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So, dozens, hundreds, or thousands of people are bare-handling the same gas nozzle handle during a pandemic. When was the last time you saw a driver pump their own gas with gloves on? If you did, it could have been me since I have been doing so for almost two decades.
I think it's been shown that, if you wash your hands regularly and don't put hour hands on your face, handling door knobs and other public things aren't that bad, Covid-wise. But I've been using gloves for a long time at the gas pump because I don't want gasoline on my hands (it's hard to get out, and smells/mucks up your steering wheel and anything else you touch in your car after you get it on your hands). As for NJ, yeah, I filled up on gas in NJ on a long road trip last month, and I'd forgotten that they mandate pump attendants there; the attendant was not right there, so I just got out, swiped my credit card, and starting pumping when the guy came over.... I just said "I've got this", and he smiled and went over to somebody who had just pulled into fill them up. The people in the other car looked at me like I was strange for filling up my own car. :)
 

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Even before the pandemic, I'd been using disposable gloves when pumping my own gas in PA. I understand how it feels when people gawk -- but in my case when I put my gloves on...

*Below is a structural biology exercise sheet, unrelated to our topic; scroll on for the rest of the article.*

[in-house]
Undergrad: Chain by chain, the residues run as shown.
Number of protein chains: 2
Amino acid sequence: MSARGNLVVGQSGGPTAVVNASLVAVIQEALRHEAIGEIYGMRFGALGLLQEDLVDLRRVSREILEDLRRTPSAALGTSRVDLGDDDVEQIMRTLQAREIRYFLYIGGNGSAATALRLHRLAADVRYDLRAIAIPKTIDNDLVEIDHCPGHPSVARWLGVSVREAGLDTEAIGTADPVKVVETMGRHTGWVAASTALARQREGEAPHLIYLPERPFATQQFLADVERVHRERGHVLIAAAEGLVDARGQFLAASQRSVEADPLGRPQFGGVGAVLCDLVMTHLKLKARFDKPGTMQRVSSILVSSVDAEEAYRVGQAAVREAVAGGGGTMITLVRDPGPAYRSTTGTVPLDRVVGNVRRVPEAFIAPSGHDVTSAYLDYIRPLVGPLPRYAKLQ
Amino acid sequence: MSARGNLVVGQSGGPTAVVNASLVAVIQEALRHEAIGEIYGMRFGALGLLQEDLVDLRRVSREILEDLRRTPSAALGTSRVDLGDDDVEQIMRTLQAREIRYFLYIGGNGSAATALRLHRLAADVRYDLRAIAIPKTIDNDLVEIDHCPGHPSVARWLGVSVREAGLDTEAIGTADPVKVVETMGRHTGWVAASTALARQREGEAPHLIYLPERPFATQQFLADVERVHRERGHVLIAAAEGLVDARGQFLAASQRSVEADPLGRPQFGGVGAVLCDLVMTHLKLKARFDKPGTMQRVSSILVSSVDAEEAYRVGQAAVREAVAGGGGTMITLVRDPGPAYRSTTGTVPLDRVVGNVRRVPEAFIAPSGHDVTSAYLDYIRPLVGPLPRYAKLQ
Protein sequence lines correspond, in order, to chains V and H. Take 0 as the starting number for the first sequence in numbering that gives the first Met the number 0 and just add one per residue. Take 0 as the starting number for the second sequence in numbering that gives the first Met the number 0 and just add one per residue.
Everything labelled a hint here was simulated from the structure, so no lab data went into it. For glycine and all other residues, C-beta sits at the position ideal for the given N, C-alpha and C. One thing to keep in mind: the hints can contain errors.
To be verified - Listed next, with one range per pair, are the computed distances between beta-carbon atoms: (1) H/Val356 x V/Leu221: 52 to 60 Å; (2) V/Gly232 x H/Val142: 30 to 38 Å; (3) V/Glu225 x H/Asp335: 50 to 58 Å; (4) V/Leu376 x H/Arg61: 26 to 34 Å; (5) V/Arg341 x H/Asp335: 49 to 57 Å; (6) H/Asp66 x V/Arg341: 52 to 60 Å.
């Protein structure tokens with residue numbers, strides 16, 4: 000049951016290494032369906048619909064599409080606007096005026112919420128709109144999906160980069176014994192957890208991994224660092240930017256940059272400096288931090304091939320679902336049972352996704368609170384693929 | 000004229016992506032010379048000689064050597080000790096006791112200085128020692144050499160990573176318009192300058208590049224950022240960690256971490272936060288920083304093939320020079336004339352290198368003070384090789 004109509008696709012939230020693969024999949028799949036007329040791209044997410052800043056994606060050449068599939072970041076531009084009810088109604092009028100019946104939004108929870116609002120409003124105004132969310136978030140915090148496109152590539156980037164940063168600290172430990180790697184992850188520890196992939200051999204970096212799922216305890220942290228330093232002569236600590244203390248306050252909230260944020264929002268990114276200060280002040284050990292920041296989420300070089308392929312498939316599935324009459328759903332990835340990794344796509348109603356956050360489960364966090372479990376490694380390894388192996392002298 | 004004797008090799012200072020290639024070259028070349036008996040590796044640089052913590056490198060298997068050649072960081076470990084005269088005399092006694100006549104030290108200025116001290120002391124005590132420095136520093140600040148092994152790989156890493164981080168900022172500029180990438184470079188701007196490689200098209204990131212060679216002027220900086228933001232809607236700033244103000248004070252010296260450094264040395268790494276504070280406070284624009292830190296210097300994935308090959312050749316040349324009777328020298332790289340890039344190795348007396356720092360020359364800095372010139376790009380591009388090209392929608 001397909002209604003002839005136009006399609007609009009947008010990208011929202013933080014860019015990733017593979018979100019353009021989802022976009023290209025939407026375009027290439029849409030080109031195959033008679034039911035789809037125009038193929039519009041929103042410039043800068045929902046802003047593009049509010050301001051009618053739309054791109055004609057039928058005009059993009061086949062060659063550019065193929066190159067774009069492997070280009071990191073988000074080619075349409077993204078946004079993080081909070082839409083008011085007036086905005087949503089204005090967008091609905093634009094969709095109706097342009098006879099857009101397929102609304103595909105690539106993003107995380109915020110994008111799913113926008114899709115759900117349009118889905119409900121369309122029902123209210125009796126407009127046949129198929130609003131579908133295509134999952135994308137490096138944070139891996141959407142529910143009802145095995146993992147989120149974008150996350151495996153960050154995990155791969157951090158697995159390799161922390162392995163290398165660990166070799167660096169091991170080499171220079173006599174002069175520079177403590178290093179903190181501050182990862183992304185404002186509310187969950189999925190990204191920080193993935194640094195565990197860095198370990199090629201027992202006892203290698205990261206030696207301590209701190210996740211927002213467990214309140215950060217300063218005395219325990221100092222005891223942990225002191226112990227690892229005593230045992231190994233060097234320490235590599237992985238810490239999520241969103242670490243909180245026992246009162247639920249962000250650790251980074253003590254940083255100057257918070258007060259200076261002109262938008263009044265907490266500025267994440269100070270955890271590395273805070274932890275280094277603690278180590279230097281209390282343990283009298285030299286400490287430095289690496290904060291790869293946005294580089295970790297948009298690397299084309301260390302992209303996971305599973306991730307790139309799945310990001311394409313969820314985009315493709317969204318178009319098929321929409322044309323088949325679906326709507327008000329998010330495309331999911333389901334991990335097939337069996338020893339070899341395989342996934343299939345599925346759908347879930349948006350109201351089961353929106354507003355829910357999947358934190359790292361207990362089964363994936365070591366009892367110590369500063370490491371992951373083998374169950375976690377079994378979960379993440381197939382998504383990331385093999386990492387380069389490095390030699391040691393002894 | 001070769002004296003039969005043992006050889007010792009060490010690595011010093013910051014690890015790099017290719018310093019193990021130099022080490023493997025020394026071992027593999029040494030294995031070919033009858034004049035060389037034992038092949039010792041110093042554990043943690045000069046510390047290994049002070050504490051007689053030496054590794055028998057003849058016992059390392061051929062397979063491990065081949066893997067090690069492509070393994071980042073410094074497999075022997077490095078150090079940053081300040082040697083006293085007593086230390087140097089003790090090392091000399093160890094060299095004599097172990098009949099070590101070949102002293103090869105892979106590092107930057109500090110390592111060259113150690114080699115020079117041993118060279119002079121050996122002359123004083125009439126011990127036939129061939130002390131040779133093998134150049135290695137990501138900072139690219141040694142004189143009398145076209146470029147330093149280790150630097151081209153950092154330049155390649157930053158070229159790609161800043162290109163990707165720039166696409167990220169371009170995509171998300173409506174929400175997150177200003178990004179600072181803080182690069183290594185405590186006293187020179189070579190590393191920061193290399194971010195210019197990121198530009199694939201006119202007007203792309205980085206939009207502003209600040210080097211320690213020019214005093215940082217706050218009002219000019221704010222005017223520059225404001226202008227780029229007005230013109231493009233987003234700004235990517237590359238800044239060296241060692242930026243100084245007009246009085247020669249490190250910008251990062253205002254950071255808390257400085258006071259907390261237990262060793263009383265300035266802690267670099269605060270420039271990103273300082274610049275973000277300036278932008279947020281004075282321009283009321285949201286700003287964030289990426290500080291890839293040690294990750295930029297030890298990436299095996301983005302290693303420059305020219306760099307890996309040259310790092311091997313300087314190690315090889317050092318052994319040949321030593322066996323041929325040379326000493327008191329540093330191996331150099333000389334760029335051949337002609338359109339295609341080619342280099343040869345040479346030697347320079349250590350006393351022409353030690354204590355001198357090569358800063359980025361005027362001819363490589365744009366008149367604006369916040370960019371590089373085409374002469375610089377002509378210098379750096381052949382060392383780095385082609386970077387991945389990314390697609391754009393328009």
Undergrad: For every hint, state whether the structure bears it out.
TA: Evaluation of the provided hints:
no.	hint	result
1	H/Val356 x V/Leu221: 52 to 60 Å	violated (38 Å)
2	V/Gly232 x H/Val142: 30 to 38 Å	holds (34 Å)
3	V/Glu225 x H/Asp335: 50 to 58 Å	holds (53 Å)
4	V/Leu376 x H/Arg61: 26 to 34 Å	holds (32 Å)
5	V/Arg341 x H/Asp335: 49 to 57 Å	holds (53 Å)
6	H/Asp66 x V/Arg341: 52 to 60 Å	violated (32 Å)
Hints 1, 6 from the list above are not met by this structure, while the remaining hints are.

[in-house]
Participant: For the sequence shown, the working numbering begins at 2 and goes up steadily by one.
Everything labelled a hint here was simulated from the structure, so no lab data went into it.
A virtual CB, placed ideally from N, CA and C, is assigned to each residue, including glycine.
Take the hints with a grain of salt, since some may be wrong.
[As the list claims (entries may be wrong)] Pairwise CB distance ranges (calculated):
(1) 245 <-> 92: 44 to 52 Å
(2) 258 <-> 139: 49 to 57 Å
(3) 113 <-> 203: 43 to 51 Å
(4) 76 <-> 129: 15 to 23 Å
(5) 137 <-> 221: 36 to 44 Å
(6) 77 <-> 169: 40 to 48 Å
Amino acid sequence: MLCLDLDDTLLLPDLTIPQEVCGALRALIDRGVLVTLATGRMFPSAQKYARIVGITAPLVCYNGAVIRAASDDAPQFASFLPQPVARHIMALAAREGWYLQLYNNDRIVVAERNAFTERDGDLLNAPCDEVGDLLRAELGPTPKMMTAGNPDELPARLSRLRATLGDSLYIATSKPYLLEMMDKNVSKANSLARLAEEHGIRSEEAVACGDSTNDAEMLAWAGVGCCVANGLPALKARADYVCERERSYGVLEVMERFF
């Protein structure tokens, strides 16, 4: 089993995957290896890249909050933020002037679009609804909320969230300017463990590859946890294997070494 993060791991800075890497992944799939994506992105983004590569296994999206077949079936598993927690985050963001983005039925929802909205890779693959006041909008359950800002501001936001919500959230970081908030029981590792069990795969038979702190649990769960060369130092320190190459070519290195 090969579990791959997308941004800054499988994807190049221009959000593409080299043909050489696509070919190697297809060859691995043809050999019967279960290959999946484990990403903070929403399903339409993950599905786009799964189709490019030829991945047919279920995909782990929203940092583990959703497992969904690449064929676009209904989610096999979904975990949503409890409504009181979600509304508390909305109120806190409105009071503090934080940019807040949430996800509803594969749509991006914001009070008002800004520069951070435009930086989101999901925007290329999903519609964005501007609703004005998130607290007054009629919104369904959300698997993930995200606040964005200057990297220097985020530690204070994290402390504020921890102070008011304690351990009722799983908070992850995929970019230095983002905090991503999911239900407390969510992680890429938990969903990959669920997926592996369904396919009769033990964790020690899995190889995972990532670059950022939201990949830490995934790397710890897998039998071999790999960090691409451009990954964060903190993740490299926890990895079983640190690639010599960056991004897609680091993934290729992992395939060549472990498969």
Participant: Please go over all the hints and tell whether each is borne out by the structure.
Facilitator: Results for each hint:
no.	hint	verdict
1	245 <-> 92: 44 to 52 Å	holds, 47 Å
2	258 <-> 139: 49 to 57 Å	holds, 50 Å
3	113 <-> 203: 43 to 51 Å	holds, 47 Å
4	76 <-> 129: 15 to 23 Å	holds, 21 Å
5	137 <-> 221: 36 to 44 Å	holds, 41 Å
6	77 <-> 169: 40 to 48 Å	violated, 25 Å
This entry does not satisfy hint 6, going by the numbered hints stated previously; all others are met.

I don't recall the precise moment I made that decision, also decades ago. I may have once found that winter gloves were too bulky to operate the pump, and I didn't want to touch cold stainless steel with bare hands during a snowstorm. So a vinyl glove was a practical solution for the quick task. I even happened on some gas stations that had disposable glove dispensers. The habit just became permanent, especially when I started driving nicer cars.

But then, I have also been opening public restroom doorhandles with a clean paper towel in my hands afterwards.
 

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It is indeed, a job-saving measure. There is plenty of literature on it, but the laws regarding gas pumping all came from unions pushing their own lobbyists to save jobs. They are always coached in safety arguments, but that's preposterous.

Now, if you think it pisses you off with a car - how about a motorcycle? I used to have an old Triumph with an awesome custom paint job - and an awkward-angled tank. I would ALWAYS end up with fuel on the tank, on the seat, etc. - in those states where I could not fill myself. I would always offer a tip in exchange for the "privilege" of filling my own gas.
 

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I am sure while there's "no requirement to tip", they expect a tip. Out of towners and people alike feel the social pressure of our ad naseum tip culture. These days, everyone expects a tip, even for sh*t service.
No. I lived in NJ for several years, and when we moved there, I asked my co-workers and my neighbor about it, no one tips the folks who pump gas.